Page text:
Despite the obvious answer, reforms may be stymied as in decades past. With so much at stake, private insurers will spare no efforts to buy over lawmakers, and advance fallacies of "free market" virtues and "socialized medicine" evils to sway public opinion. The biggest hurdle is the US Senate where Republicans are a 40% minority, but can be joined by enough Democrats to block the most useful changes through "compromise legislation." Such Democrats call themselves "centrists", but like good and bad cholestrol, such centrists can be good or bad types depending on how they choose to accomodate Republicans.

An example of a bad centrist is Democratic Senator Ben Nelson who opposes the public option and gave eight easily refutable reasons for doing so, and basically parrots Republican objections. Then you have Sen. Charles ("Chuck") Schumer ostensibly addressing Sen. Nelson's objections in a compromise proposal by handicapping the public option and constraining it to pay providers higher rates than Medicare. Just as in G.W. Bush's ill-conceived drug plan for seniors, what's the point of not allowing the government to use its buying power to lower costs, particularly to counter monopoly or scarcity pricing by providers?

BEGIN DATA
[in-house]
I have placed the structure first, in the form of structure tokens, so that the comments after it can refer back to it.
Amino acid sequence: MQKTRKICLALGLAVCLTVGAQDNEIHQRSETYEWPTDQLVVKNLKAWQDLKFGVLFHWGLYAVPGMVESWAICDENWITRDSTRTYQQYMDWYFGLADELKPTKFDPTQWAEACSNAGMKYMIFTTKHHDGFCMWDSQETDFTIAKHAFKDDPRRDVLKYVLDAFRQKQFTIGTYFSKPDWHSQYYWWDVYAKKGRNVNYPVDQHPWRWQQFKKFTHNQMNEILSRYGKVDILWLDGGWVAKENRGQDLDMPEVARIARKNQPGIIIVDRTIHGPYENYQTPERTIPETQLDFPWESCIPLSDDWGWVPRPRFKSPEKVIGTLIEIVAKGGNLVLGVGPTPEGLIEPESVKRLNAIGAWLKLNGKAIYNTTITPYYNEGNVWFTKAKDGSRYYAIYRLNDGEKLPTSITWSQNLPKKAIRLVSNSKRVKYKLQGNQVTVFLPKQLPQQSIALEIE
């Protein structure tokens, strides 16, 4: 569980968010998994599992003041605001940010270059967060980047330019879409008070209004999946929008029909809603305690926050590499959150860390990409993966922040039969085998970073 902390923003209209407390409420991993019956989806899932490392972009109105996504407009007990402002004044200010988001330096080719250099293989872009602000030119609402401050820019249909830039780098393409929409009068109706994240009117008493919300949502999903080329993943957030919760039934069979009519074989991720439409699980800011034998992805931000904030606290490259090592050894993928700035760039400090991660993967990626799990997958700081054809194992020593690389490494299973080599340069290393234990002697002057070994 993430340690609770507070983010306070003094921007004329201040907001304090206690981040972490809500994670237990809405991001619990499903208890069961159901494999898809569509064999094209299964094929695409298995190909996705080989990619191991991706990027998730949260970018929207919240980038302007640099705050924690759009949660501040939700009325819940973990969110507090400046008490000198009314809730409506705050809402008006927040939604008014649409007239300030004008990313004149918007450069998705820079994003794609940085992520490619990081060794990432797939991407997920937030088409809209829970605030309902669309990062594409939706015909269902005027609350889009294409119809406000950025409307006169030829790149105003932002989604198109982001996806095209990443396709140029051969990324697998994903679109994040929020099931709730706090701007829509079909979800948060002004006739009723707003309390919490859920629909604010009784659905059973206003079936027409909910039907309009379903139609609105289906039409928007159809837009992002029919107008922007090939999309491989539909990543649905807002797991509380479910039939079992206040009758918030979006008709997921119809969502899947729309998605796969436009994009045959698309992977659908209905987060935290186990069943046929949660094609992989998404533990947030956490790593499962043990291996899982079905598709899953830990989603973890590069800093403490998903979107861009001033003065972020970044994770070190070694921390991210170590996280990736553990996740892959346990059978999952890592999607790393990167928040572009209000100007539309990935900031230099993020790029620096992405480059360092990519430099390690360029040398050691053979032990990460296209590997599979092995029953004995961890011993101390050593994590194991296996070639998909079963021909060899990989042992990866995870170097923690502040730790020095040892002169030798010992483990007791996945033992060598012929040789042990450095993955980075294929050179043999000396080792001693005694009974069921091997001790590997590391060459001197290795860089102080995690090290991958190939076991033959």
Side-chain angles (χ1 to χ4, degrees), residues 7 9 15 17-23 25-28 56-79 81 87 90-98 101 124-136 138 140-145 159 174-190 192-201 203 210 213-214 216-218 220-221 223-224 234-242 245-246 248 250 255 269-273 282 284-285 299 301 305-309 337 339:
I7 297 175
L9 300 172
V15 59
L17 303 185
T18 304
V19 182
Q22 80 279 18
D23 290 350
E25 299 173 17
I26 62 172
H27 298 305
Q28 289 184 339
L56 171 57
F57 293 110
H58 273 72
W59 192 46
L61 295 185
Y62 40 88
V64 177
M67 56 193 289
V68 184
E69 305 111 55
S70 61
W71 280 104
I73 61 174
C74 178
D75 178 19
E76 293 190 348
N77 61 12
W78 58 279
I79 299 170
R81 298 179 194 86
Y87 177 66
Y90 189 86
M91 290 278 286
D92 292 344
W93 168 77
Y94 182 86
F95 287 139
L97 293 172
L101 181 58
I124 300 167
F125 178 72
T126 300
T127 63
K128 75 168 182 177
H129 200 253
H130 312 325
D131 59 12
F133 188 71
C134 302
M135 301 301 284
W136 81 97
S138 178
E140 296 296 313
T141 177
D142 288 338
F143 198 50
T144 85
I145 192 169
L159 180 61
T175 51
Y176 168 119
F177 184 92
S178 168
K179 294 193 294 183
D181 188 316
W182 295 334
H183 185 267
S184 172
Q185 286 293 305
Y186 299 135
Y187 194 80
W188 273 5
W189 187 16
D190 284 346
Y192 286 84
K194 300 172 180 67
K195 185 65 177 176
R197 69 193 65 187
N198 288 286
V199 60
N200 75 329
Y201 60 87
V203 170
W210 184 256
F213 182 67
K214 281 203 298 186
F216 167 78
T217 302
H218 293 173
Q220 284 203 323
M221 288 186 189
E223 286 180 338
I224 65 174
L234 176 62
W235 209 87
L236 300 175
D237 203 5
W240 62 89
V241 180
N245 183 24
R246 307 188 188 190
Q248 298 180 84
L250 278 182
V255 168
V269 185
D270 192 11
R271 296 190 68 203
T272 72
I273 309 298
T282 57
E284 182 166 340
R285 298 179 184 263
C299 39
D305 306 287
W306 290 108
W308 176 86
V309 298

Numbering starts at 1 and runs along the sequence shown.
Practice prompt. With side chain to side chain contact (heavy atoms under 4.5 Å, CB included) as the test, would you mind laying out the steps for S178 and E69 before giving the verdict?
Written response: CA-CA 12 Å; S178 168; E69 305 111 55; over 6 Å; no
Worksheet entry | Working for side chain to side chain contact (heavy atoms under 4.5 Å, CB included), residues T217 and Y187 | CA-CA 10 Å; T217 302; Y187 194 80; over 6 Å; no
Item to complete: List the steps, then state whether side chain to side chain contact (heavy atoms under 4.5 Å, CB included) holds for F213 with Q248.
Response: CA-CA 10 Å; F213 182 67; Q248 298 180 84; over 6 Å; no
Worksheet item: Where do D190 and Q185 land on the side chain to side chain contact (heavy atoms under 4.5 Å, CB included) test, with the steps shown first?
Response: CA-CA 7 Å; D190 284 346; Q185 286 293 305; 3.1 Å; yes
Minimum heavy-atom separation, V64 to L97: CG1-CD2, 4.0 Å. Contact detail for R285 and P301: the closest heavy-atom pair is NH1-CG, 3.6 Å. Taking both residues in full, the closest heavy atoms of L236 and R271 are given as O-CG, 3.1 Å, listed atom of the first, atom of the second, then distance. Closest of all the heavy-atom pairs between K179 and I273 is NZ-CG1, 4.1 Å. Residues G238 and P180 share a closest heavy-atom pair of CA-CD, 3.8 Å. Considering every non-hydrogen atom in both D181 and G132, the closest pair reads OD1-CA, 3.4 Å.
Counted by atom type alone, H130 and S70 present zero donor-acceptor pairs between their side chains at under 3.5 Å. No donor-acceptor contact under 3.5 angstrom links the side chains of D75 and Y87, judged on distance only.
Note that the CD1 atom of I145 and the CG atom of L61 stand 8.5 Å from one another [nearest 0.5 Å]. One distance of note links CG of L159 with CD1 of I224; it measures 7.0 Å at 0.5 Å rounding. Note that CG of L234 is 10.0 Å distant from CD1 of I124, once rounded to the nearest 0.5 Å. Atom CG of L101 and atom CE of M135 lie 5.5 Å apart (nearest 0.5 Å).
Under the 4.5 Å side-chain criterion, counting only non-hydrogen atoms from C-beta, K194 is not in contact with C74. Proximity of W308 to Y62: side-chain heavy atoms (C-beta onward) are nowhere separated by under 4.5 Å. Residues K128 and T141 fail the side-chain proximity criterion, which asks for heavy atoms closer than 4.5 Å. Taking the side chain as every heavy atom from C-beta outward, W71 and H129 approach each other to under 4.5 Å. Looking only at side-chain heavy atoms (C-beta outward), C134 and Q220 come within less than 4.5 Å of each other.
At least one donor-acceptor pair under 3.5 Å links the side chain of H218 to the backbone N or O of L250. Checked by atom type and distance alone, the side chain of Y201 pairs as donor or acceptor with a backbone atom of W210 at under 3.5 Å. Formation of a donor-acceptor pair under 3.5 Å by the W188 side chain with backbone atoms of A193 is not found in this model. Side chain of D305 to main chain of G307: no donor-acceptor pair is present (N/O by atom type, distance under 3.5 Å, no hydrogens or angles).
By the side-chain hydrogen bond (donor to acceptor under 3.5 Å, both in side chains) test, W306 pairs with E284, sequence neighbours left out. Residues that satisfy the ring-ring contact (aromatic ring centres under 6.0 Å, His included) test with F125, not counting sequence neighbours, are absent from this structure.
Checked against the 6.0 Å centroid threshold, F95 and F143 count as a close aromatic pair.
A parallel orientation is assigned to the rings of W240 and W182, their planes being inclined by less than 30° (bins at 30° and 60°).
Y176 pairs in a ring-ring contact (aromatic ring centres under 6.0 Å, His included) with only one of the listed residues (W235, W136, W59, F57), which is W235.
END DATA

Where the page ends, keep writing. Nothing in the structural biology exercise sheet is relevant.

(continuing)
President Obama's Administration can of course use his high popularity and his bully pulpit to call out the Democratic Senate hold-outs. They will support the public option without undue handicaps if they fear a voter backlash from failure to do so and heightened suspicions of their backroom dealing. Obama at times seems over-eager to be inclusive, but it's early yet and I hope my misgivings are misplaced. We will know soon.

Finally, an aspect that escaped comments by Krugman and other experts is about the numbers in the health industry's promise to cut costs. They'll cut $2 trillion over ten years by reducing the projected annual growth rate of health costs by 1.5%. Is that it? While $2 trillion sounds like a lot, it's under 5% of cumulative costs. Given our outrageously high costs and pricing compared to peer economies we should be aiming for over a trillion dollar reduction per year at current levels. That's about $15 trillion over ten years.

Wednesday, April 29, 2009

Deceptive Arguments Against Reform

Republicans have been vociferously opposing two key features of health care reform: universal coverage and public insurance alongside private options. Till recently they mainly combined backroom obstruction with shallow slogans like "socialized medicine" or "save taxpayers". Now they offer more detailed arguments, like in three articles appearing in major newspapers. Their objections may sound convincing but are deeply flawed.

The first of these articles is Ramesh Ponnuru's April 9 Op-Ed in The New York Times about "The Misguided Quest for Universal Coverage." He uses some clever phraseology and statistics to argue against guaranteed health coverage for all that are summarized (in italics) below, along with my comments: